Let’s say I start my new business, and it’s web-based business, so there’s very little overhead, and it’s got a little bit of traffic, generating a small amount of advertising revenue, but there’s a bit of speculation around that the industry this website is serving is about to boom.
I decide to float my business as a public company, and offer up the shares - all of them - at whatever price.
All shares get sold in the float - I no longer own any of them.
I take all the money raised in the sale of the shares, and begin my new life as an obscure recluse, without having anything whatsoever to do with the old business.
Could I do this?
Is the money raised in the sale of shares in my company mine to do with as I please? Eg, I might re-invest in the business (unlikely as I have sold every last share), or, can I legally use it to pursue personal interests, leaving the majority share-owners to worry about what they’re going to do with their newly floated company that has no money?
Offering or trading in securities is a highly regulated activity, so there’s probably a lot of rules that you might run afoul of. Theoretically, it seems like this would be a legitimate thing to do – the company is a thing that you own, like a boat or a stamp collection. If you sell it, then the new owners get to decide what to do with it, even if you want them to do something different with it, and you get to decide what to do with the money, even if they want you to do something different with it.
HOWEVER, if in advertising the security you don’t make clear that you plan to take the dough and leave – if you give the impression that part of what the new owners are buying is your expertise – then it’s a whole other can of worms, because you led them to believe they were buying A, and you knowingly sold them something vastly different than A. And that is fraud.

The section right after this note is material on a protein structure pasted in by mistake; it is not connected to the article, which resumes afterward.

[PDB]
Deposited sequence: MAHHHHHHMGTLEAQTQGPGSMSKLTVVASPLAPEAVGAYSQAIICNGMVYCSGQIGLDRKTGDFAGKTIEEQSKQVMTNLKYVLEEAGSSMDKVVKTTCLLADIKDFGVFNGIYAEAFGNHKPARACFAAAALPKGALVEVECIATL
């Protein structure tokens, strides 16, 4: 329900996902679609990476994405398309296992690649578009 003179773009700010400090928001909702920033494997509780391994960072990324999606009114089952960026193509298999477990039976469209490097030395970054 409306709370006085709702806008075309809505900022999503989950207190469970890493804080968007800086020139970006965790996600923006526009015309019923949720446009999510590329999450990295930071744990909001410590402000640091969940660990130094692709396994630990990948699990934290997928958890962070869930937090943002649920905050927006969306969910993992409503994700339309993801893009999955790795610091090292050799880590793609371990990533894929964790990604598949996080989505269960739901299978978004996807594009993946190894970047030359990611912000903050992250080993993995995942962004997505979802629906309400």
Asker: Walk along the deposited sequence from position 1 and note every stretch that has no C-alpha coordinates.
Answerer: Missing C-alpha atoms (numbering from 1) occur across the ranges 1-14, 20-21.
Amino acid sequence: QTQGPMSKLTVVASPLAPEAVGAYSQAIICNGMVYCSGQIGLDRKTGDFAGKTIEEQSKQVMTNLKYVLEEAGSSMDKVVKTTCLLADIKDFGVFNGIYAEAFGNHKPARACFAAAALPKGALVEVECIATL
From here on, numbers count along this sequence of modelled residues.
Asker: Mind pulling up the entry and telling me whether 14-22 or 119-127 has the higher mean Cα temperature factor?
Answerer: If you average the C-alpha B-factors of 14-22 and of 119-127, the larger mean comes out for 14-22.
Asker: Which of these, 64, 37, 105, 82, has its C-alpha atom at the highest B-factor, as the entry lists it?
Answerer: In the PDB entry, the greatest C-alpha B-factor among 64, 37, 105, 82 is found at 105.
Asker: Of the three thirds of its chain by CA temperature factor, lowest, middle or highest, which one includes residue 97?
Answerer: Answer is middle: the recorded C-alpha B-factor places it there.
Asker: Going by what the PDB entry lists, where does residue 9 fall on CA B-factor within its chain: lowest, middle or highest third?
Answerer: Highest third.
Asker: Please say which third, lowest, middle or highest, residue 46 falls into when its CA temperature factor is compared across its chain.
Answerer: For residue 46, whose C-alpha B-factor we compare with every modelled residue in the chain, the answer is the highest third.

There’s a separate issue here, too. If you were running the company, and it was a corporation (I’m assuming it was a corp because you were selling shares), you’d be the company’s sole officer and director. Officer’s and directors owe fiduciary duties to shareholders. http://www.abanet.org/buslaw/newsletter/0003/materials/tip3.pdf
So on the one hand you aren’t a shareholder, the new shareholders could remove you as a director and appoint new directors, who will appoint new officers. But you generally can’t just wander off and leave nobody at the helm without telling anyone.
There are two ways a company can raise new capital. By taking out loans (or selling bonds) or by selling equity (shares of the company.)
Let’s say you put up your own money and start a company, which is owned 100% by you. You file some forms with the gummint and set up a corporation, which issues, say, 1000 shares of stock to you.
Now you decide to make AhuCorp a public company in order to raise capital. The company issues 100,000 new shares and sells them on the public market. The buyers get the shares, and the company gets the money. You still own the original 1000 shares, but now it’s just 1000 out of 101,000 total - a roughly 1% stake in the now-public company.
You are free to quit your job whenever you want, but the proceeds of selling those 100,000 shares don’t belong to you. If the IPO resulted in driving up the share price a lot, you can potentially sell your 1000 shares for a lot of money. But, as an insider, you’ll have to wait several months after the IPO before you can sell.
All the scumbags who made lots of money during the internet boom did it differently.
What you do is hype up the business and then do an IPO with far less shares than are demanded, keeping a vast stack for yourself. Don’t worry, for a fee some financial institution (parasite), will aid you in this endeavour.
As soon as the IPO hits the market sell out all your shares, there will be huge demand and few shares available (remember “far less shares than are demanded”).
Start to travel.
However your plan raises no money in your name, it all belongs to the company.